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Kim Kardashian calls for world to stand by Armenia as Azerbaijan threatens to bomb nuclear power plants

ARMENIAN-AMERICAN celebrity Kim Kardashian called on the international community to defend Armenia from Azerbaijani attacks today after Baku threatened to bomb the country’s nuclear-power plants.

Ms Kardashian took to social media to accuse the Azeris of ignoring the United Nations’ call for a global ceasefire and launching a series of “unprovoked attacks against the Republic of Armenia.”

In a message to her 167 million followers on Twitter, the reality TV star said: “Civilian structures in Armenia have been targeted and Azerbaijan has now threatened to bomb the nuclear-power plant in Armenia.”

“The international community needs to pay attention and intervene now with such political and diplomatic measures to prevent unnecessary escalation and the loss of human life.

“I stand with my fellow Armenians and pray for those that are involved in recent tensions on the border of the country,” she added, calling for a “peaceful resolution for these unprovoked attacks.”

Hostilities flared in the border region of Tavush on Sunday after Azerbaijani soldiers were accused of entering Armenian territory and ignoring two warnings to withdraw.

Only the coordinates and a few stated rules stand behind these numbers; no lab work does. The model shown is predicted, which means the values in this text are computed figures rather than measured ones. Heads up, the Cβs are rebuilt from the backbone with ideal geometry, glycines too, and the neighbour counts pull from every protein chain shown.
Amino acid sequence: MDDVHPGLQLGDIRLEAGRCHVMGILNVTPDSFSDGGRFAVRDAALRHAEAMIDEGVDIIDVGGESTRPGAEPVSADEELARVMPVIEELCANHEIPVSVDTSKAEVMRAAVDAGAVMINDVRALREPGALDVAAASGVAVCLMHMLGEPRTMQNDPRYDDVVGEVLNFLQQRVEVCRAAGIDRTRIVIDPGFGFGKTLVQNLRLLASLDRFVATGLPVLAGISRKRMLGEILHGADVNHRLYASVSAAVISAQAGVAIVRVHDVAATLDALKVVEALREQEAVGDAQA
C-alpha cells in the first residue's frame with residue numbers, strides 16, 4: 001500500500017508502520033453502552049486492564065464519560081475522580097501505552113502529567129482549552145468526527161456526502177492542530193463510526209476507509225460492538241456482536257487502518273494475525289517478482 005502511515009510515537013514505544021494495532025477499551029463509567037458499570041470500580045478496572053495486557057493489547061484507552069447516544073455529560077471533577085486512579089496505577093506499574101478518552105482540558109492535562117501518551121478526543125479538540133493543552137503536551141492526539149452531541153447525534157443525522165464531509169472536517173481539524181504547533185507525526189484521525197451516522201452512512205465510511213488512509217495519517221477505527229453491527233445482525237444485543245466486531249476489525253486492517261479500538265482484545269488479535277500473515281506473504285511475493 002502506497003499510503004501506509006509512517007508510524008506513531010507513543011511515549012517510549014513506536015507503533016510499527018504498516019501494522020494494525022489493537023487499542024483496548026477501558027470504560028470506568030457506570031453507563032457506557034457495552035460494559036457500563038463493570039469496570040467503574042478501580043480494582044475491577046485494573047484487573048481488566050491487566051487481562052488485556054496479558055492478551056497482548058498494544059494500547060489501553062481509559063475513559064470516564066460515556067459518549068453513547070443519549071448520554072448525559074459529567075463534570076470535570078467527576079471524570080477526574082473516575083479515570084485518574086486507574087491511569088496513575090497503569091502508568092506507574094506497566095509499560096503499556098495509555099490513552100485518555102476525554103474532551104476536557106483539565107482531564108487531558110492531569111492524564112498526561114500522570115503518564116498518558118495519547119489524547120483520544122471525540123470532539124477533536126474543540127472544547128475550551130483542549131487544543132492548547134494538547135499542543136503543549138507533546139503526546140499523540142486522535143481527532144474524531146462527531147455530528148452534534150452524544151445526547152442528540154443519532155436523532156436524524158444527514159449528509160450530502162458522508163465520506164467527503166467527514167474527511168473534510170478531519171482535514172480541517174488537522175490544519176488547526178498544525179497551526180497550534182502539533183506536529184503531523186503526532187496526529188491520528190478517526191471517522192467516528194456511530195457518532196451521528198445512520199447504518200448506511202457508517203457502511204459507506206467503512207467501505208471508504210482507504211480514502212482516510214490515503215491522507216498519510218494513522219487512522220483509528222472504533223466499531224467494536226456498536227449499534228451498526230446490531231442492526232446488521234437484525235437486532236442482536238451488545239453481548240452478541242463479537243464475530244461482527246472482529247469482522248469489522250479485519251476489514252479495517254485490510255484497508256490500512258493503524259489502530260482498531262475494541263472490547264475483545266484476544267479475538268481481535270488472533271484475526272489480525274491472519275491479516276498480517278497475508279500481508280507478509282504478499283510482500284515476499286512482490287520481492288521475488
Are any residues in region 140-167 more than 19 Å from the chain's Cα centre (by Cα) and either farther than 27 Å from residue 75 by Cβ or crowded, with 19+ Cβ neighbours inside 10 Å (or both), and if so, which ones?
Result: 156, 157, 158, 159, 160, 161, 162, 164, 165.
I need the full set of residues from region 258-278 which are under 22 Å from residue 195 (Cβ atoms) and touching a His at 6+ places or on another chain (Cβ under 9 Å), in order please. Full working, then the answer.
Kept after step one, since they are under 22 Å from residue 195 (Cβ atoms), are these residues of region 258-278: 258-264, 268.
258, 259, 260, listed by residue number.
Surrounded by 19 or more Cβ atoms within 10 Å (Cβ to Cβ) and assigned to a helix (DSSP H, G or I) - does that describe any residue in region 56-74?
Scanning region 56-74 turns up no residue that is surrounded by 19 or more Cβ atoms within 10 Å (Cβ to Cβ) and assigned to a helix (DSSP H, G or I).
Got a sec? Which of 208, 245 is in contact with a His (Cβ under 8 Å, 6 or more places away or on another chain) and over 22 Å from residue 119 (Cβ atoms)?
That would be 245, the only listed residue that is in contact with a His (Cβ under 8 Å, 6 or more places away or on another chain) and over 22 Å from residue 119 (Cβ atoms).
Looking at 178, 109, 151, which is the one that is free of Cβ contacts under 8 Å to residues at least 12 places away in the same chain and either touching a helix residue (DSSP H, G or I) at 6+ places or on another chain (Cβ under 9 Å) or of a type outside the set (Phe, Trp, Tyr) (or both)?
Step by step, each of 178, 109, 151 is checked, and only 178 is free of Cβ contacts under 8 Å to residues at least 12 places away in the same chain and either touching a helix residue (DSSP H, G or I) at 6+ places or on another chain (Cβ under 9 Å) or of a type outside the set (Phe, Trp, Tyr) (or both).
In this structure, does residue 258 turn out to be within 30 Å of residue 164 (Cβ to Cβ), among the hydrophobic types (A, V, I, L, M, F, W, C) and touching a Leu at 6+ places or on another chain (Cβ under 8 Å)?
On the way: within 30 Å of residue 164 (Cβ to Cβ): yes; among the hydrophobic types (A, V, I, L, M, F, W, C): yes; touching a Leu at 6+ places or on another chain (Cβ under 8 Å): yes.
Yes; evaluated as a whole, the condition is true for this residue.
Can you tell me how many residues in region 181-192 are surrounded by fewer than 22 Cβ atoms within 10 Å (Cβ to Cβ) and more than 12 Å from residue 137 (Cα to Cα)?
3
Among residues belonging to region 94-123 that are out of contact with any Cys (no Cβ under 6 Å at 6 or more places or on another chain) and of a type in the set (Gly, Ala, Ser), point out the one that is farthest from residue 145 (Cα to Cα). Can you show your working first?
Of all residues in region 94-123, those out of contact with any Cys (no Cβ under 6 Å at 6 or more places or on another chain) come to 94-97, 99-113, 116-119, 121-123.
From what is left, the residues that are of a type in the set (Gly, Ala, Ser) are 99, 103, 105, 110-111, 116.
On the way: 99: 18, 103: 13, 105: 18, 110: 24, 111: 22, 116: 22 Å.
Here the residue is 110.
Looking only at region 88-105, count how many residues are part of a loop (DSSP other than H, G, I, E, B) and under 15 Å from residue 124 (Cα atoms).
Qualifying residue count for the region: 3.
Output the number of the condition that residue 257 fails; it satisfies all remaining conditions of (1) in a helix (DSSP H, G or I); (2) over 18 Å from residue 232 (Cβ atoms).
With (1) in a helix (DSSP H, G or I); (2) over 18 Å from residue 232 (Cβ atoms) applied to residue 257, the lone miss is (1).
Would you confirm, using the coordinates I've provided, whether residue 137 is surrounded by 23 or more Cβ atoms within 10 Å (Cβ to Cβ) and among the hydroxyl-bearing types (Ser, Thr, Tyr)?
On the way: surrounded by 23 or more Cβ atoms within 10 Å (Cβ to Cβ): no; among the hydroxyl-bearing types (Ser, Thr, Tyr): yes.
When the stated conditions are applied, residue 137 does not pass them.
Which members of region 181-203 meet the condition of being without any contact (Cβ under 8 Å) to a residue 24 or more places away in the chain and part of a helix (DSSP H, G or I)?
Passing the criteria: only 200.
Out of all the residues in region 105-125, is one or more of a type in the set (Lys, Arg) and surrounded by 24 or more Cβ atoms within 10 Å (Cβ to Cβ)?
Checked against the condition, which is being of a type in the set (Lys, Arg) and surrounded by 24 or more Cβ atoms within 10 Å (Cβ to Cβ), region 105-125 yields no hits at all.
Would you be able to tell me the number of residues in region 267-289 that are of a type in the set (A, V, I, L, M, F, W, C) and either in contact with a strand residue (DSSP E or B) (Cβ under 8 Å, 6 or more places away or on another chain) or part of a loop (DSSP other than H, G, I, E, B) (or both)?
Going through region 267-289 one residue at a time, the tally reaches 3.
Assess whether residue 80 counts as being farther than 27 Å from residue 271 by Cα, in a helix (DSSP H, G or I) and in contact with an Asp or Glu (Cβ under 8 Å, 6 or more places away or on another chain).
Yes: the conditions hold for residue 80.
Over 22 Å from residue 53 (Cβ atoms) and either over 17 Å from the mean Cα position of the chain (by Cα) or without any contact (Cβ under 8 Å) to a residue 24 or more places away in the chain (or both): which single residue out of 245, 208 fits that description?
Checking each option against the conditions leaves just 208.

Four Azeris were killed in the incident, which has triggered an escalation of the conflict between the two former Soviet republics.

Azerbaijan is backed by Turkey and has been accused of drone attacks and the indiscriminate shelling of civilian infrastructure, including a nursery that was hit in an attack on an Armenian border village earlier this week.

Armenian government spokesman Artsun Hovhannisyan reported that an Azerbaijaini-controlled drone had destroyed a humanitarian vehicle yesterday as tensions continued to escalate.

He told a press briefing that the Azeris had committed 120 violations of a brief ceasefire, targeting Armenia’s Gegharkunik province with artillery fire.

Azerbaijan’s authoritarian President, Ilham Aliyev, sacked foreign minister Elmar Mamedyarov on Thursday, claiming that he had not done enough to resolve the conflict.

“Where was he? We were all at work after the July 12 events … and I could not find him,” he told a government meeting.

He said that Mr Mamedyarov, who had served as foreign minister since 2004, had been involved in “meaningless” negotiations with his Armenian counterparts.

Territorial disputes between Azerbaijan and Armenia date back to before they became Soviet republics in the early 1920s, and flared again as the Soviet Union began to disintegrate in the late 1980s.

A six-year war began in 1988 over the Nagorno-Karabakh region, a landlocked area inside Azerbaijan whose Armenian majority voted to join Yerevan in a referendum boycotted by Azerbaijan.

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